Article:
gel-, gela-, gelati-, gelatino-, geli-, gelo-
(Latin: to freeze; frosting; cold; then, to congeal, and finally: gelatin)
Later it came to mean "to congeal"; having to do with "congealing" or with "gelatin, a protein derived from the partial hydrolysis of animal skin, connective tissue, and bone".
Don't confuse words from this Latin element with those from Greek gelo-, geloto-, meaning "laugh, laughing, laughter".
Blasting Gelatin is an explosive consisting of collodion-cotton (a type of nitrocellulose or gun cotton) dissolved in nitroglycerine and mixed with wood pulp and sodium or potassium nitrate.
One of the cheapest explosives, it is mostly used for large-scale blasting in the construction and mining industries. Unlike gunpowder, it burns slowly and cannot explode without a detonator, so it can be stored safely.
Gelignite was invented in 1875 by Alfred Nobel, who had earlier invented dynamite. Unlike dynamite, it is not subject to the dangerous problem of sweating nor the leaking of unstable nitroglycerine from the solid matrix.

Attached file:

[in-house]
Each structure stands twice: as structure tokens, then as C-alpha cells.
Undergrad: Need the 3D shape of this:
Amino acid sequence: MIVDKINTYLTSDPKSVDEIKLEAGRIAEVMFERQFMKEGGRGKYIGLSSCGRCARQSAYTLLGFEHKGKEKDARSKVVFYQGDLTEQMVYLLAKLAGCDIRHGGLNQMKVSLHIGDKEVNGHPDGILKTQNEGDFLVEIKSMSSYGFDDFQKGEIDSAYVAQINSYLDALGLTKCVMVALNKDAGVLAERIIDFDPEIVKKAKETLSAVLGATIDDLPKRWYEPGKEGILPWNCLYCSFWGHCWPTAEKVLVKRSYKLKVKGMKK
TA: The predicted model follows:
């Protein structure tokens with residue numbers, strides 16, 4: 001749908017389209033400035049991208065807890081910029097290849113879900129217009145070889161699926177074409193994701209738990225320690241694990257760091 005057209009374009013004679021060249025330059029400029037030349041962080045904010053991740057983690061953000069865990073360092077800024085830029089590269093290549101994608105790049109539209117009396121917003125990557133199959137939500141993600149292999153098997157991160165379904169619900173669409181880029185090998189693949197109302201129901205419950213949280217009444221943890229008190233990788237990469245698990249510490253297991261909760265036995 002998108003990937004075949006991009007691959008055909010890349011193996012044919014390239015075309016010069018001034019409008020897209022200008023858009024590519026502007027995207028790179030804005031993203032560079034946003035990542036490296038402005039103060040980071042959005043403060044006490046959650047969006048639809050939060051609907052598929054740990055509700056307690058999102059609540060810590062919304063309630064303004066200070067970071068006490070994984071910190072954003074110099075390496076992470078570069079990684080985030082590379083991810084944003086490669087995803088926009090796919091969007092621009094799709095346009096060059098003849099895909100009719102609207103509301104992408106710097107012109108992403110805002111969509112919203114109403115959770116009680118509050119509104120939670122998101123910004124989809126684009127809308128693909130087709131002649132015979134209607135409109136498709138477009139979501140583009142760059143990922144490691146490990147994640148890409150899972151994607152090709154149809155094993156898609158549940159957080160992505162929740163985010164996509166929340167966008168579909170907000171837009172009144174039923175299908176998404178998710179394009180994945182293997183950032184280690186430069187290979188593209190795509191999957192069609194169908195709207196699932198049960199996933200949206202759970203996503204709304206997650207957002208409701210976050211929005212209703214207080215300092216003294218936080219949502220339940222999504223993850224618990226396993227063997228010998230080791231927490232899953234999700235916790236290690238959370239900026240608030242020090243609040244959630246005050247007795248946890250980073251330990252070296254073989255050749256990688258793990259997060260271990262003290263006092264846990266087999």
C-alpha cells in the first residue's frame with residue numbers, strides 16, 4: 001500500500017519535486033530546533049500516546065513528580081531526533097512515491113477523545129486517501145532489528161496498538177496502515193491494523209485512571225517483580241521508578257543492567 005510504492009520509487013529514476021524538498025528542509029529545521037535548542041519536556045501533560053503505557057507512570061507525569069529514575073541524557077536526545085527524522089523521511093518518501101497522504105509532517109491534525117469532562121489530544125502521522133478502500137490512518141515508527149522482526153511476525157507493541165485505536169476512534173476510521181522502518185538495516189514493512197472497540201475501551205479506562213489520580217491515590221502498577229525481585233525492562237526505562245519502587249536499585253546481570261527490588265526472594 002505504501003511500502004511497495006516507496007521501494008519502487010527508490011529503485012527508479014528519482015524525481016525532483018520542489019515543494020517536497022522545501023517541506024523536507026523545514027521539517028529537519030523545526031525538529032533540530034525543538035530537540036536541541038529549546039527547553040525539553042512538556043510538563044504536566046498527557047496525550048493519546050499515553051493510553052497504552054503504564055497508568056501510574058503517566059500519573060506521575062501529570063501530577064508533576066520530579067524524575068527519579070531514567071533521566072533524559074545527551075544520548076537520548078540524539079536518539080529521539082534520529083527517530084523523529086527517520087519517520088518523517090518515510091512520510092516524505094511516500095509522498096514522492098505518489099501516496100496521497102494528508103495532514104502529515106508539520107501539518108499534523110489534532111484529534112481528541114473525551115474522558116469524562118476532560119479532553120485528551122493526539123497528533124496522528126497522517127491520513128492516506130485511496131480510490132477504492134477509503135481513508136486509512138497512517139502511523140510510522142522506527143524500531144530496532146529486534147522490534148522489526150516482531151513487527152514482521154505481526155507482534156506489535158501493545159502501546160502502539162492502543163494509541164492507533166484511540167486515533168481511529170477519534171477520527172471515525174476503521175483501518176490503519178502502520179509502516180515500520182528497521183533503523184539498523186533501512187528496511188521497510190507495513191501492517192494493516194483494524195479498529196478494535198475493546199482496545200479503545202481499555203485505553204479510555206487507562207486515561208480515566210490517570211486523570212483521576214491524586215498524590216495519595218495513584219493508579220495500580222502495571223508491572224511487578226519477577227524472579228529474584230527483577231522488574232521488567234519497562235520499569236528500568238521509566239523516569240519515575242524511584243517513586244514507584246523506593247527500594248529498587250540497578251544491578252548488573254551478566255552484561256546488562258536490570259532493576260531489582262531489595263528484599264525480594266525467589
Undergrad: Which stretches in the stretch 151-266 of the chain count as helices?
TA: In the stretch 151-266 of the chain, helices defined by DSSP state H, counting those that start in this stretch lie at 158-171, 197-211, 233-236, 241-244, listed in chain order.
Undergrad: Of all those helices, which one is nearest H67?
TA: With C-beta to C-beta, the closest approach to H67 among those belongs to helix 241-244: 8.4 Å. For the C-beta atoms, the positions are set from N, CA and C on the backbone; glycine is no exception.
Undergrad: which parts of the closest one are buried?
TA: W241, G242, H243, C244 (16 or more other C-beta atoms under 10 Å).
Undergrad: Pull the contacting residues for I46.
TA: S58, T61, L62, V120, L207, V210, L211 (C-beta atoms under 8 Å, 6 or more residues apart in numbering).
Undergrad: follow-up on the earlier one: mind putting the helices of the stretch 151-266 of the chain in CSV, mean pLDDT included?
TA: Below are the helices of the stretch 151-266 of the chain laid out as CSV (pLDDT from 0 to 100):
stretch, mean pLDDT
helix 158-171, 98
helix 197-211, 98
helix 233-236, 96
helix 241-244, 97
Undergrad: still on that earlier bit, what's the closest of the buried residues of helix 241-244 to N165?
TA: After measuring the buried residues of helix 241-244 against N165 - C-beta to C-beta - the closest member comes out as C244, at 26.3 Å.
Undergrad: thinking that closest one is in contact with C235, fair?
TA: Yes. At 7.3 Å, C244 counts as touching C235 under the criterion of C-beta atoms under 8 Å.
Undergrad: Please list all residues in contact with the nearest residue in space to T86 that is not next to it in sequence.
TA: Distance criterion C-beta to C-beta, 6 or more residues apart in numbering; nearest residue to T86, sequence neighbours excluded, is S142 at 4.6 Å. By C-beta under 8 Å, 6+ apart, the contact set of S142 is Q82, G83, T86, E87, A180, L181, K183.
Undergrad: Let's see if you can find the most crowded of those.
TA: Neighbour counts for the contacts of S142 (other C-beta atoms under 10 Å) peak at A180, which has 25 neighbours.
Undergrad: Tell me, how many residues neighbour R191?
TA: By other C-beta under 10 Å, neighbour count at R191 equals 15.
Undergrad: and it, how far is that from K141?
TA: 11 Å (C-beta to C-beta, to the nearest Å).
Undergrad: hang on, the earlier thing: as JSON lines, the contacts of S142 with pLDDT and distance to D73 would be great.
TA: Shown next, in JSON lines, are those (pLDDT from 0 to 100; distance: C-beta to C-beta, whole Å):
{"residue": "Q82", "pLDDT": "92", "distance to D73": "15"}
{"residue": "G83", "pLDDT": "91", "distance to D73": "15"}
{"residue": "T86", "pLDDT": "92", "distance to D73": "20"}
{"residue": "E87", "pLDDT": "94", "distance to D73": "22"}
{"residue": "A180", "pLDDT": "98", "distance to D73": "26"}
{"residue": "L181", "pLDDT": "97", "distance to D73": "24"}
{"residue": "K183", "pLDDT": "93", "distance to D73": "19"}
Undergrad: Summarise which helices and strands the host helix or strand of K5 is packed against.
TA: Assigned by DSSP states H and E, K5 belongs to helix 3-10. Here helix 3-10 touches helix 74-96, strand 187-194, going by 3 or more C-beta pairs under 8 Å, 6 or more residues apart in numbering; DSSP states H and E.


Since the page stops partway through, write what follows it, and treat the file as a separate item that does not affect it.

2. A medicated skin preparation made from glycerin and glycerinated gelatin.
A bougie (boo ZHEE, BOO zhee) is a slender cylindrical instrument of rubber, waxed silk, or other material, for introduction into the body passages; such as, the urethra, anus, or other canal.
It is also defined as a suppository, particularly for insertion into the urethra.
2. A colloidal gel in which water is the dispersion medium.
Hydrogel is a network of polymer chains that are water-soluble, sometimes found as a colloidal gel in which water is the dispersion medium. Hydrogels are superabsorbent (they can contain over 99% water) natural or synthetic polymers.
Some uses for hydrogel include: disposable diapers that "capture" urine, or in sanitary towels, and for use with contact lenses (silicone hydrogels, polyacrylamides).